Data gathered at five locations in the tropical Pacific are used to determine the kinetic constants relating nutrient concentrations and residence times to chlorophyll-a concentrations. The nutrient concentrations were found to be log-normally distributed and the residence times could be determined either from a salt balance or from measurements of advection or eddy diffusivity. The eddy diffusion coefficient was related to vertical and horizontal restrictions. Total Nitrogen (TN) or Total Phosphorus (TP) were more applicable indicators of nutrient limitation than the conventional nitrate or orthophosphate. This is indicative of the symbiotic relationship of bacterial and algal plankton in real-world systems. The techniques developed can be used to define mass emission rates of TN or TP that will result in a desired level of chlorophyll-a. They are also useful in optimizing the location and design of wastewater outfalls.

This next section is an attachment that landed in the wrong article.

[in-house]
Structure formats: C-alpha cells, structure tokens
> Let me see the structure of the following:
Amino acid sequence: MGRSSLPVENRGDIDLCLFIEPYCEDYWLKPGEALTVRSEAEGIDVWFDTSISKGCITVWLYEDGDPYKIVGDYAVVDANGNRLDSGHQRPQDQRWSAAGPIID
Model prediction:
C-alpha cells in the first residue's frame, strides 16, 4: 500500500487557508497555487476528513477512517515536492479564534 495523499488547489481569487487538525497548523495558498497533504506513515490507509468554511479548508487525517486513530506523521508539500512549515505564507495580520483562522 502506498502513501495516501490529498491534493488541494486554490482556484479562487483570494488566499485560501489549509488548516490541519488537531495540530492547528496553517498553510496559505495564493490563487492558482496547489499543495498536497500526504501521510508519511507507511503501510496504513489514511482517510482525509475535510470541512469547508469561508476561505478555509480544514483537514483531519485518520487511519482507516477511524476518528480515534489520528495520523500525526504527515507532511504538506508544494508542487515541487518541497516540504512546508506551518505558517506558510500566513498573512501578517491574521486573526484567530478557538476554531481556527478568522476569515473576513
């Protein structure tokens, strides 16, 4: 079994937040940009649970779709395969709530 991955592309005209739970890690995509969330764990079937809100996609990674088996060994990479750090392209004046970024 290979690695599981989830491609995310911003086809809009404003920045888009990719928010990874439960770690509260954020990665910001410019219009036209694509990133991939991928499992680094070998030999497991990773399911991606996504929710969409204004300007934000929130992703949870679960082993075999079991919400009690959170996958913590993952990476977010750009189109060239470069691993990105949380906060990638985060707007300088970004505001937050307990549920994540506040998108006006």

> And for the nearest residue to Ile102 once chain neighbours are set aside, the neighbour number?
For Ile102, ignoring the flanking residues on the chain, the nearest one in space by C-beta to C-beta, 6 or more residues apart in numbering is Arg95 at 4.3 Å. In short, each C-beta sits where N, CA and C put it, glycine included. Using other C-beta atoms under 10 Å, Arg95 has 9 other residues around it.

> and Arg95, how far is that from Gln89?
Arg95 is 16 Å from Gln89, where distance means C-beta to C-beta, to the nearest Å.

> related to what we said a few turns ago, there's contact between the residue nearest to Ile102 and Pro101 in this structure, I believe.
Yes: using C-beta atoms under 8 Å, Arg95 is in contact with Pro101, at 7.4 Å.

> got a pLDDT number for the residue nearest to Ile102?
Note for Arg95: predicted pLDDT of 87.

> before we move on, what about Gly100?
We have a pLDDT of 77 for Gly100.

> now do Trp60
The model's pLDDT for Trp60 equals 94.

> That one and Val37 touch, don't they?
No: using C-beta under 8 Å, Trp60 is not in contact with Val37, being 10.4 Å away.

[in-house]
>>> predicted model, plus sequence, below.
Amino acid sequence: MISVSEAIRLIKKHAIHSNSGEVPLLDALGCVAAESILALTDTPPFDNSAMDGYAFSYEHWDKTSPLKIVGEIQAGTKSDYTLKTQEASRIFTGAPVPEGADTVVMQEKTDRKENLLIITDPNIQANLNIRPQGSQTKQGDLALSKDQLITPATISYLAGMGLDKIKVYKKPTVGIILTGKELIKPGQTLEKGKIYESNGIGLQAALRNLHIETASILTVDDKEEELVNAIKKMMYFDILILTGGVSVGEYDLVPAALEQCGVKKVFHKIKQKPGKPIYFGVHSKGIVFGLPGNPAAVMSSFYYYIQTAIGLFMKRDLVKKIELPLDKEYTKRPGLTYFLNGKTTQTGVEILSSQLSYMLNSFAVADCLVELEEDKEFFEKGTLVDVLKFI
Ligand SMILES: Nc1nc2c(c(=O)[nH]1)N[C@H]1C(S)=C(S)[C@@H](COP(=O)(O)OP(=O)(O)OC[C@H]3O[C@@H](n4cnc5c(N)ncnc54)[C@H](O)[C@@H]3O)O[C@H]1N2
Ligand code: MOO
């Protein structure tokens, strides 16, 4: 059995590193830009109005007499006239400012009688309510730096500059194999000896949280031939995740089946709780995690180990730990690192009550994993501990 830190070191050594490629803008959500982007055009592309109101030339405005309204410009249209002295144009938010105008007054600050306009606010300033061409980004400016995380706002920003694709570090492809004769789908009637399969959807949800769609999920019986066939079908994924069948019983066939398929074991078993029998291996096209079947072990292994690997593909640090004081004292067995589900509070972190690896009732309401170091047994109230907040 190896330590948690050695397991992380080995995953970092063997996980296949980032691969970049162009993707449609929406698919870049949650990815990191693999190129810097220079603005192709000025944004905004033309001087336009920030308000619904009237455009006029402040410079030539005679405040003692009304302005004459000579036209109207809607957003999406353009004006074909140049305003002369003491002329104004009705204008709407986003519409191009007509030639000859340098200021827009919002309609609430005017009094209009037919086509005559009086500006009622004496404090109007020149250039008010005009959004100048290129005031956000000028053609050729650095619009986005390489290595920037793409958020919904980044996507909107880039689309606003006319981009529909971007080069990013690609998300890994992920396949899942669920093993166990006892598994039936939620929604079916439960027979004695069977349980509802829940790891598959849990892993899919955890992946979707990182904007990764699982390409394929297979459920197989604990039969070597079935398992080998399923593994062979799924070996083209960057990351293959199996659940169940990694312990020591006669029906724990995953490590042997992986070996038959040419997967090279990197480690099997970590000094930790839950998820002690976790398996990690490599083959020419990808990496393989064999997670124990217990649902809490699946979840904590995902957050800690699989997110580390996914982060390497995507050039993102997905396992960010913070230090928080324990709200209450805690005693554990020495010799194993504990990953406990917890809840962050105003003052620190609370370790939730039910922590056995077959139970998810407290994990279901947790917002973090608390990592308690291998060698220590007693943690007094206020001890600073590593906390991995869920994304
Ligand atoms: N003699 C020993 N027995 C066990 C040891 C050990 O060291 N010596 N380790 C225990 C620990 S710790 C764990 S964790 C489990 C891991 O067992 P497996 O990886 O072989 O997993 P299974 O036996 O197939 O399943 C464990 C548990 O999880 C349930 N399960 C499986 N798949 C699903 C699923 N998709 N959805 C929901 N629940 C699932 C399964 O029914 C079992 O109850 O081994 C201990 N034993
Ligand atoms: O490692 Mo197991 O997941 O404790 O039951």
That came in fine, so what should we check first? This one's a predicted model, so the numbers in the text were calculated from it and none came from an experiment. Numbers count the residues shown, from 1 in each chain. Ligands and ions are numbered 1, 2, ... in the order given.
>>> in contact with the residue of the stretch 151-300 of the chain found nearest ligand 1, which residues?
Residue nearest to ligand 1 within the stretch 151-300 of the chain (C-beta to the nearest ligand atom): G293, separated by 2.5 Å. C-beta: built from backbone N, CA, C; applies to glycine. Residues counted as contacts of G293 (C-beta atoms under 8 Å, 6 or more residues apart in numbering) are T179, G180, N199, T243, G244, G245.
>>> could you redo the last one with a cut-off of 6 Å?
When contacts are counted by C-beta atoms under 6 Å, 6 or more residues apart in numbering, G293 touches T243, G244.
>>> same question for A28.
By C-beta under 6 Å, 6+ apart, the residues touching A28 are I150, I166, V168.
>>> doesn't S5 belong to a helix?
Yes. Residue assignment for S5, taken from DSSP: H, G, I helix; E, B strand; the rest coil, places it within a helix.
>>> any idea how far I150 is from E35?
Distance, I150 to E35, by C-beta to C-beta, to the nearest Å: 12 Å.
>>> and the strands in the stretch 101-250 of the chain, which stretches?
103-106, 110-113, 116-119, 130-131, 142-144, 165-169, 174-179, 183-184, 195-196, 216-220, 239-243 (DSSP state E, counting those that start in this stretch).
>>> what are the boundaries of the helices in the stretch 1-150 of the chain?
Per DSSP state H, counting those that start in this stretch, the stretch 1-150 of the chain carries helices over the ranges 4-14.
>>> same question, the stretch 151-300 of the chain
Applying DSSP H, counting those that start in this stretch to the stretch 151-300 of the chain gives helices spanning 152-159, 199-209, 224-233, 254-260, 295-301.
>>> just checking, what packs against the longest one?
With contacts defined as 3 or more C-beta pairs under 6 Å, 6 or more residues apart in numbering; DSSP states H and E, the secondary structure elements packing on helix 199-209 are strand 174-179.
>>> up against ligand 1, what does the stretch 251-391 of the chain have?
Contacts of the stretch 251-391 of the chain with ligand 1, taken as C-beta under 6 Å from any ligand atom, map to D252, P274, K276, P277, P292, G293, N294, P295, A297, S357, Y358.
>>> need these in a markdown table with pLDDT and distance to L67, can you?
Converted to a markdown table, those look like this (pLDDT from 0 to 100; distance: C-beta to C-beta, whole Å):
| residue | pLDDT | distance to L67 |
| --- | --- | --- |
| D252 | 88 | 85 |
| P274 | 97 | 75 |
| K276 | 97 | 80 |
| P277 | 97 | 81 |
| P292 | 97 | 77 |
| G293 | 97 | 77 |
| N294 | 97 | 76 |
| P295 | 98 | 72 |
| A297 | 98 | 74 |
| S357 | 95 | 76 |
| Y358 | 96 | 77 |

The general kinetic relationship describing enzymatic activities on substrates was first discovered early in this century (Michaelis and Menten, 1913). Each enzymatic reaction is with a specific substrate making this a well defined system whose rate can be described mathematically using a relatively simple relationship. That relationship involves two variables; the reaction rate (∼) and the substrate concentration (S), and two kinetic constants; the maximum reaction rate (lJ) and the half saturation constant (K s). The maximum reaction rate would occur when the substrate concentration is so high (mathematically infinite) that every enzyme molecule instantly finds another substrate molecule as soon as it completes its reaction with the previous substrate molecule. The half saturation constant is the value of the substrate concentration at which the reaction rate is half the maximum reaction rate. The Michaelis- Menten relationship is: (equation 1 shown in paper). Each enzymatic reaction in a living cell deals with a different substrate and has different kinetic constants.